John Judis has an eminently reasonable post responding to my item about Obama and the Philly suburbs, in which he points out that Obama did much worse among voters with college and graduate degrees than he did in a number of earlier states.
I agree, but I don't think the evidence of slippage here is dispositive (and, in fairness, John doesn't claim it is). My argument for why Obama fared poorly in the 'burbs was twofold: 1.) They're not as demographically favorable to Obama as we'd assumed going in. 2.) Demographics aside, Clinton benefited from the support of Governor Ed Rendell, a popular former mayor of Philadelphia, who swept that city's sprawling metro area in his 2002 primary with Bob Casey. John demonstrates that 1.) wasn't the entire story. But, then, I didn't think it was the entire story either.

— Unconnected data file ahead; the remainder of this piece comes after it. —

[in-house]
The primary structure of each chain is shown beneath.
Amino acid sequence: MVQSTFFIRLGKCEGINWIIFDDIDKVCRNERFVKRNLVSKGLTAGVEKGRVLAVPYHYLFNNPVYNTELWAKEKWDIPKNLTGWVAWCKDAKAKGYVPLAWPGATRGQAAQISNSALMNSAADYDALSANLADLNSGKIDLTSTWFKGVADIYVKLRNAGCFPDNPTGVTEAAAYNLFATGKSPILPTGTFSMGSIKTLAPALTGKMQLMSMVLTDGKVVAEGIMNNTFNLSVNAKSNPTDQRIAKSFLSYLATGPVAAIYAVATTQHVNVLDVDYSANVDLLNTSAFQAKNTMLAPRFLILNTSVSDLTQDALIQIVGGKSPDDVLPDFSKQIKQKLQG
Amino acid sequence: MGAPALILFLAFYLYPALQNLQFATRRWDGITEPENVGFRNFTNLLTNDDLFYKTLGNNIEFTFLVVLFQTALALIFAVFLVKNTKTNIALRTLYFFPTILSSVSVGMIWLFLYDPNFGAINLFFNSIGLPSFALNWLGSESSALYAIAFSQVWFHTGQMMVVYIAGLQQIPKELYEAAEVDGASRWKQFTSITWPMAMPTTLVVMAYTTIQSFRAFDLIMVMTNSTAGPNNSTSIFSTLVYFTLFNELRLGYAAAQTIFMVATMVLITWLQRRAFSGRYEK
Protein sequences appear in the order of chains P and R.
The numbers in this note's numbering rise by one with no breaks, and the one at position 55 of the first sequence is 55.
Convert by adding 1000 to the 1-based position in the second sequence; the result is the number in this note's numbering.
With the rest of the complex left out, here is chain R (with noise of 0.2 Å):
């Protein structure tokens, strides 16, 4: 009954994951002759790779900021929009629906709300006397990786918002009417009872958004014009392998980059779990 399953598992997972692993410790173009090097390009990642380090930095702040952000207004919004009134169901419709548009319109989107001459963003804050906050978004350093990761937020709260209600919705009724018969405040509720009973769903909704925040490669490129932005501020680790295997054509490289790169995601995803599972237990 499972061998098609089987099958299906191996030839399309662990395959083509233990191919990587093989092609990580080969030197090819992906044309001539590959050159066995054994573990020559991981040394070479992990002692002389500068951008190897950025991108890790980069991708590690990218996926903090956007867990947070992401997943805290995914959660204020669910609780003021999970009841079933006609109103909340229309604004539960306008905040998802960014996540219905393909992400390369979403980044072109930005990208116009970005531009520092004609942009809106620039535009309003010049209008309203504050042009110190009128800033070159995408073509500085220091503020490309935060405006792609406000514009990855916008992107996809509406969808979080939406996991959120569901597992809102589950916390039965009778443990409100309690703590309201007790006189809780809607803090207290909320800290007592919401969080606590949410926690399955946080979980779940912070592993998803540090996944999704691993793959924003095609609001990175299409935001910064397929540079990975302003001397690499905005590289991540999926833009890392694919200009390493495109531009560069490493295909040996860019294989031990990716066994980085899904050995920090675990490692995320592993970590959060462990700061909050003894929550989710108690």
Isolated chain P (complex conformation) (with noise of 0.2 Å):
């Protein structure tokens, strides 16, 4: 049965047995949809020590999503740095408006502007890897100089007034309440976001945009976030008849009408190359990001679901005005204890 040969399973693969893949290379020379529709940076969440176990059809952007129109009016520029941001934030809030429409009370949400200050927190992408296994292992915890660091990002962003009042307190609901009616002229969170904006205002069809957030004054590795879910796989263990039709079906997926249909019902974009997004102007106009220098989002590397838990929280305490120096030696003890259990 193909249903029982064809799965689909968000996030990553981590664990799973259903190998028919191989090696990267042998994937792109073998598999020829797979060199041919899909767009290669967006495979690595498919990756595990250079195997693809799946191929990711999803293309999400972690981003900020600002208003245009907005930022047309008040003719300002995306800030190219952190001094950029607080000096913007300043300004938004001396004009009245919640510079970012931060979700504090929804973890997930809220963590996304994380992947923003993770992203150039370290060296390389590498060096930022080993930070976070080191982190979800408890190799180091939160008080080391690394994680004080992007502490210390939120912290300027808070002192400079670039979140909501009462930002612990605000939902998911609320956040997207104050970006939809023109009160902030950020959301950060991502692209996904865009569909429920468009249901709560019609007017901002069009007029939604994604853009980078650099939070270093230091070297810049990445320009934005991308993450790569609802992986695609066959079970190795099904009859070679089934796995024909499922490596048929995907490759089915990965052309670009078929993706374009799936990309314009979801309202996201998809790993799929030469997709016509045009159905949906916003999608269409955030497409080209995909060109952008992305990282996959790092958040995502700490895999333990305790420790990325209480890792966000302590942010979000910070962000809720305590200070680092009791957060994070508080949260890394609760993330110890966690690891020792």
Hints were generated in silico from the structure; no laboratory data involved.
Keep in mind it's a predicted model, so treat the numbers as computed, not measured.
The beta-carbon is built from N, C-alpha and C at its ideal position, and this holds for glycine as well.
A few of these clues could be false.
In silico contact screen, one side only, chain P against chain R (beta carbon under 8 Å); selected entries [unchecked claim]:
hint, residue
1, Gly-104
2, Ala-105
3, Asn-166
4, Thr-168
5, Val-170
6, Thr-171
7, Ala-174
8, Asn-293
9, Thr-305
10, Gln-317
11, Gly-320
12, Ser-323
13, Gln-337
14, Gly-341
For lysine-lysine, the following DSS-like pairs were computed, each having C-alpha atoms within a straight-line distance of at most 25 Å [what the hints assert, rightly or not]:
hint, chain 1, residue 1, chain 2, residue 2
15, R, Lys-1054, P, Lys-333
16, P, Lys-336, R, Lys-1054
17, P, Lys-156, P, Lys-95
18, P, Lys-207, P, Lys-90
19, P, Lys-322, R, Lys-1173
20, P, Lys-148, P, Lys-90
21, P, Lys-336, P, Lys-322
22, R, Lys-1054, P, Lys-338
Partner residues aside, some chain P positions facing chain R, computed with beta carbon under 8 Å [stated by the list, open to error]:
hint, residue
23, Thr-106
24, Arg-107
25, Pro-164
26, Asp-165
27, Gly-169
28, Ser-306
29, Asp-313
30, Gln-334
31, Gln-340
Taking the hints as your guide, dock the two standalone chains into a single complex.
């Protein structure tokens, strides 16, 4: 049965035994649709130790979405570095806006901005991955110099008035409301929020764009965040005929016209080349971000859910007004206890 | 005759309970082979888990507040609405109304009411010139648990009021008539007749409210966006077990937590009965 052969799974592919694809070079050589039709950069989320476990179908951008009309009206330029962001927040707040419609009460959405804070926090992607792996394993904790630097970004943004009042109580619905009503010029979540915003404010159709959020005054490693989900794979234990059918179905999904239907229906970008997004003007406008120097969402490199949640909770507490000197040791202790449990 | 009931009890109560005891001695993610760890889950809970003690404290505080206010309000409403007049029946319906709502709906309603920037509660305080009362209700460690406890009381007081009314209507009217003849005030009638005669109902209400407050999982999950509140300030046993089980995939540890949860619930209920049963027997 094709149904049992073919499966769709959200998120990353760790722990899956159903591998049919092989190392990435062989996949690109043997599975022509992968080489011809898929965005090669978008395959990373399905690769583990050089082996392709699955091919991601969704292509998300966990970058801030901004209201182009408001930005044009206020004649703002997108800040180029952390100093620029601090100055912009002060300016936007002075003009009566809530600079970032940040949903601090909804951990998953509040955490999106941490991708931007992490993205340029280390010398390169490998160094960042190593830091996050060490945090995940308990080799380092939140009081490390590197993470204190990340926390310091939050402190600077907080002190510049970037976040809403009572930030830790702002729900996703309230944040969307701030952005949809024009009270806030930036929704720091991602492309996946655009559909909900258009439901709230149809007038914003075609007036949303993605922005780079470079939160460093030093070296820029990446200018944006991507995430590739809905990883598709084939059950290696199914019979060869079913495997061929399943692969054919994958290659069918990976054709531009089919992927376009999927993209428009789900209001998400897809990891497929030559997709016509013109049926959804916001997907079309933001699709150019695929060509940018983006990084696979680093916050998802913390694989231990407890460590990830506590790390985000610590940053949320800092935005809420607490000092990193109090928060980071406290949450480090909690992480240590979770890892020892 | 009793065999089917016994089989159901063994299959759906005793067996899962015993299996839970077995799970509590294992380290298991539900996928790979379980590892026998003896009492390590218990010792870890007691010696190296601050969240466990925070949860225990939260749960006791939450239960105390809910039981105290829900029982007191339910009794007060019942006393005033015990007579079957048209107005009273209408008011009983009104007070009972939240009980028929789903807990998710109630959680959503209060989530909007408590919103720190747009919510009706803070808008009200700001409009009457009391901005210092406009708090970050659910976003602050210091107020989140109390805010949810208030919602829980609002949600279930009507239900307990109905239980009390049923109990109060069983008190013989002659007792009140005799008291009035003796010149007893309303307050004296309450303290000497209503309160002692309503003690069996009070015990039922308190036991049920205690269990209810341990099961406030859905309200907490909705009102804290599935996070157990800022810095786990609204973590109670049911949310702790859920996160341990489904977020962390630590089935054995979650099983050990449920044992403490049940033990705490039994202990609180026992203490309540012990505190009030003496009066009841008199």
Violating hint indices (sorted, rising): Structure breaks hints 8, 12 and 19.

Having said that, it's certainly possible that Obama did worse among college-educated voters because of the gaffes and unseemly associations that have plagued him lately, as John alleges. I don't have any hard evidence to refute it. But it's also possible that Rendell, who's popular among theses same voters, proved to be the difference here. I cite several pieces of circumstantial evidence for that in my previous post. I'd just add one more: Montgomery County, a fairly affluent, educated area that John expected Obama to carry but actually split down the middle between him and Hillary, was Rendell's geographic base in that 2002 primary. Rendell did better there--beating Casey 88-12--than any other county in the state, including Philadelphia.
Anyway, John and I have agreed that we can't shed much more light on this question till the night of May 6. So stay tuned for Act II of our exciting debate: "Charlotte, NC and the Research Triangle."